A jouney on the water from Mosul to Basra
Iraq, the country of rivers, is losing its water resources. Climate change, drought, upstream dams in Turkey and Iran, pollution and mismanagement threaten the Tigris, the Euphrates and the Mesopotamian marshes, one of the largest wetlands in the world. The water crisis is complex, with with multiple causes and the potential for future conflicts. A group of young Iraqi activists are trying to raise public awareness of the issue.
Iraq’s environmental misfortunes stem from its geopolitical position. Almost 91% of Iraq’s water supply is not of domestic origin but it flows first through Turkey, Syria and Iran. Turkish and Iranian dams, an instrument of regional hegemony, represent a real threat to the course of the millenary rivers and to their peoples.
Turkey is taking advantage of its upstream position to implement the Southeast Anatolian Project (Güneydoğu Anadolu Projesi, GAP) that envisioned to build 22 dams, 19 hydroelectric plants and extensive irrigation systems along the Tigris and Euphrates. This infrastructure is drastically reducing the amount of water received by Iraq.
The water crisis is also the result of many internal factors: poor management, obsolete agricultural practices, inadequate regulation of pollution and sewage. Violent conflicts and wars over the last 30 years have worsened the problem. Going south, the situation exacerbates, depriving thousands of people of their right to water.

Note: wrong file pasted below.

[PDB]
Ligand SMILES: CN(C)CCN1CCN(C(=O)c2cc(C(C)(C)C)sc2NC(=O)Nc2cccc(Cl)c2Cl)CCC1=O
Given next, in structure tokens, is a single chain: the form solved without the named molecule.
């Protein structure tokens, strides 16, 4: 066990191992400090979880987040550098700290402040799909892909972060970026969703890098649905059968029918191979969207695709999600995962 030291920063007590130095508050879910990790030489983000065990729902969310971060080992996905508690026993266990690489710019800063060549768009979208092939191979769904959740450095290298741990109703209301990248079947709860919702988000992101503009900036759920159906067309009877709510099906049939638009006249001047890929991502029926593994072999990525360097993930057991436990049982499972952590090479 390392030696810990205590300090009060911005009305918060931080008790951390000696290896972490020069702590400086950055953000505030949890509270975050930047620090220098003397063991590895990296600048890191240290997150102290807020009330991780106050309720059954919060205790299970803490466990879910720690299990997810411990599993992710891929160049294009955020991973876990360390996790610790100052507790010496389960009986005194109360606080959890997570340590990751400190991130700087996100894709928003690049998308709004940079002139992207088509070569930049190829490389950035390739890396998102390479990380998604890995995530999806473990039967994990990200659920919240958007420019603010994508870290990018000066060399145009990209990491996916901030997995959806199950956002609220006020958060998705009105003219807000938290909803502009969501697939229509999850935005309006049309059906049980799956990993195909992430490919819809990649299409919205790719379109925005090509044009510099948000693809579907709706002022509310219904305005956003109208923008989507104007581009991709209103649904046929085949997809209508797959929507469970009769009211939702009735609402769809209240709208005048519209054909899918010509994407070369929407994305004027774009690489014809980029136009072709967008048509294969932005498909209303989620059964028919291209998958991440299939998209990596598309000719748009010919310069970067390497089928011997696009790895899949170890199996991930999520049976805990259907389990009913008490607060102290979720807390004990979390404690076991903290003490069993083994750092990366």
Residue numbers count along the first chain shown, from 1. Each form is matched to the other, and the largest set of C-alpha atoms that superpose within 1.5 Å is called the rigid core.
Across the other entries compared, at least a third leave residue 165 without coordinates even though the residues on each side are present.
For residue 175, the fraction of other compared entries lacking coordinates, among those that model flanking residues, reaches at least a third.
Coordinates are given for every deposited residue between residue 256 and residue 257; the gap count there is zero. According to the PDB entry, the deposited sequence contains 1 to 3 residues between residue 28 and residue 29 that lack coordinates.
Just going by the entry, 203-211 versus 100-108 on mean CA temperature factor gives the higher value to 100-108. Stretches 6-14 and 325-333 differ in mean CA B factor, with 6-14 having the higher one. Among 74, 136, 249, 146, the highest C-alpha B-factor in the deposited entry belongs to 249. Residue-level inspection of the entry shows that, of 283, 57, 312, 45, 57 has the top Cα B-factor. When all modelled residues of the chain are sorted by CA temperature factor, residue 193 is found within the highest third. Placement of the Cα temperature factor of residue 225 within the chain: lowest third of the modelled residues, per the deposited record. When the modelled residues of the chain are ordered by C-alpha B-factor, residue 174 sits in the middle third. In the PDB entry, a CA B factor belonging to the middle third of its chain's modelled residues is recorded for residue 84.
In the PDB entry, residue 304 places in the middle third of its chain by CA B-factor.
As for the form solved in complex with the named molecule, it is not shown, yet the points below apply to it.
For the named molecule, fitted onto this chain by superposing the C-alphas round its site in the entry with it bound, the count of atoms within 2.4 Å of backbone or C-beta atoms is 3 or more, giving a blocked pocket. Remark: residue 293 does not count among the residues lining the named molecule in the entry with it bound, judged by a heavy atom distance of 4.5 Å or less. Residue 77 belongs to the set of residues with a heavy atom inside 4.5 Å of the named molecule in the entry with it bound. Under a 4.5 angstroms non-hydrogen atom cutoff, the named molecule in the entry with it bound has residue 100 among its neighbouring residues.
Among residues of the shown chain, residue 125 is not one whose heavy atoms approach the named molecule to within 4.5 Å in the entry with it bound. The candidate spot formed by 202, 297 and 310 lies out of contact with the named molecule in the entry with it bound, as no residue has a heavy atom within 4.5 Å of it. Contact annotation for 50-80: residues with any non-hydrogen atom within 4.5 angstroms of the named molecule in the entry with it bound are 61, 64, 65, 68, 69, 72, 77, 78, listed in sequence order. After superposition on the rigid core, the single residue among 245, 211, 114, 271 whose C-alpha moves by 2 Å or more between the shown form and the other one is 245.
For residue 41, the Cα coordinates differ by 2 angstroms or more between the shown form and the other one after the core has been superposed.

This journey “on the water” begins in Mosul, a city located on the western bank of the Tigris river and ends in Basra, the city situated on the Shaṭṭ Al-ʿArab, the waterway formed by the union of the Tigris and Euphrates rivers. It goes through Sulaymaniyah, Baghdad, and the Mesopotamian marshes, one of the world’s great wetlands, it’s an area deeply affected by drought and pollution.
Mosul and the Nineveh Plain were once considered the breadbasket of all Iraq.
Today Iraqi farmers are facing drought, a significant drop in annual rainfall and increasing salinity in the once water-rich country.
The Iraqi agricultural heart is increasingly dry.
2018 was marked by a severe drought in Iraq.
As a result, the government banned summer crops plantation.
Some farmers say they are thinking of leaving the land.
Others have joined local militias to get a regular wage.
In addition to the weather conditions, crops were also affected by the lack of infrastructure, damaged by the war.
Three years after Iraq declared victory against the so-called Islamic State in the extremist group’s stronghold of Mosul, much of the northern city is still rubble.
Thousands of houses, bridges and civil infrastructures are damaged. This includes also water facilities. As a result, thousands of people have no access to drinking water.
Without drinking water, most of the Iraqis are obliged to buy bottle water cooler.
Poor families cannot afford buying them. Lack of potable water is directly linked with the transmission of diseases and environmental pollution, due to the high consumption of plastic.
The second stop of this “water journey” is Sulaymaniyah, a city in Iraqi Kurdistan, surrounded by mountains, water sources and beautiful landscapes.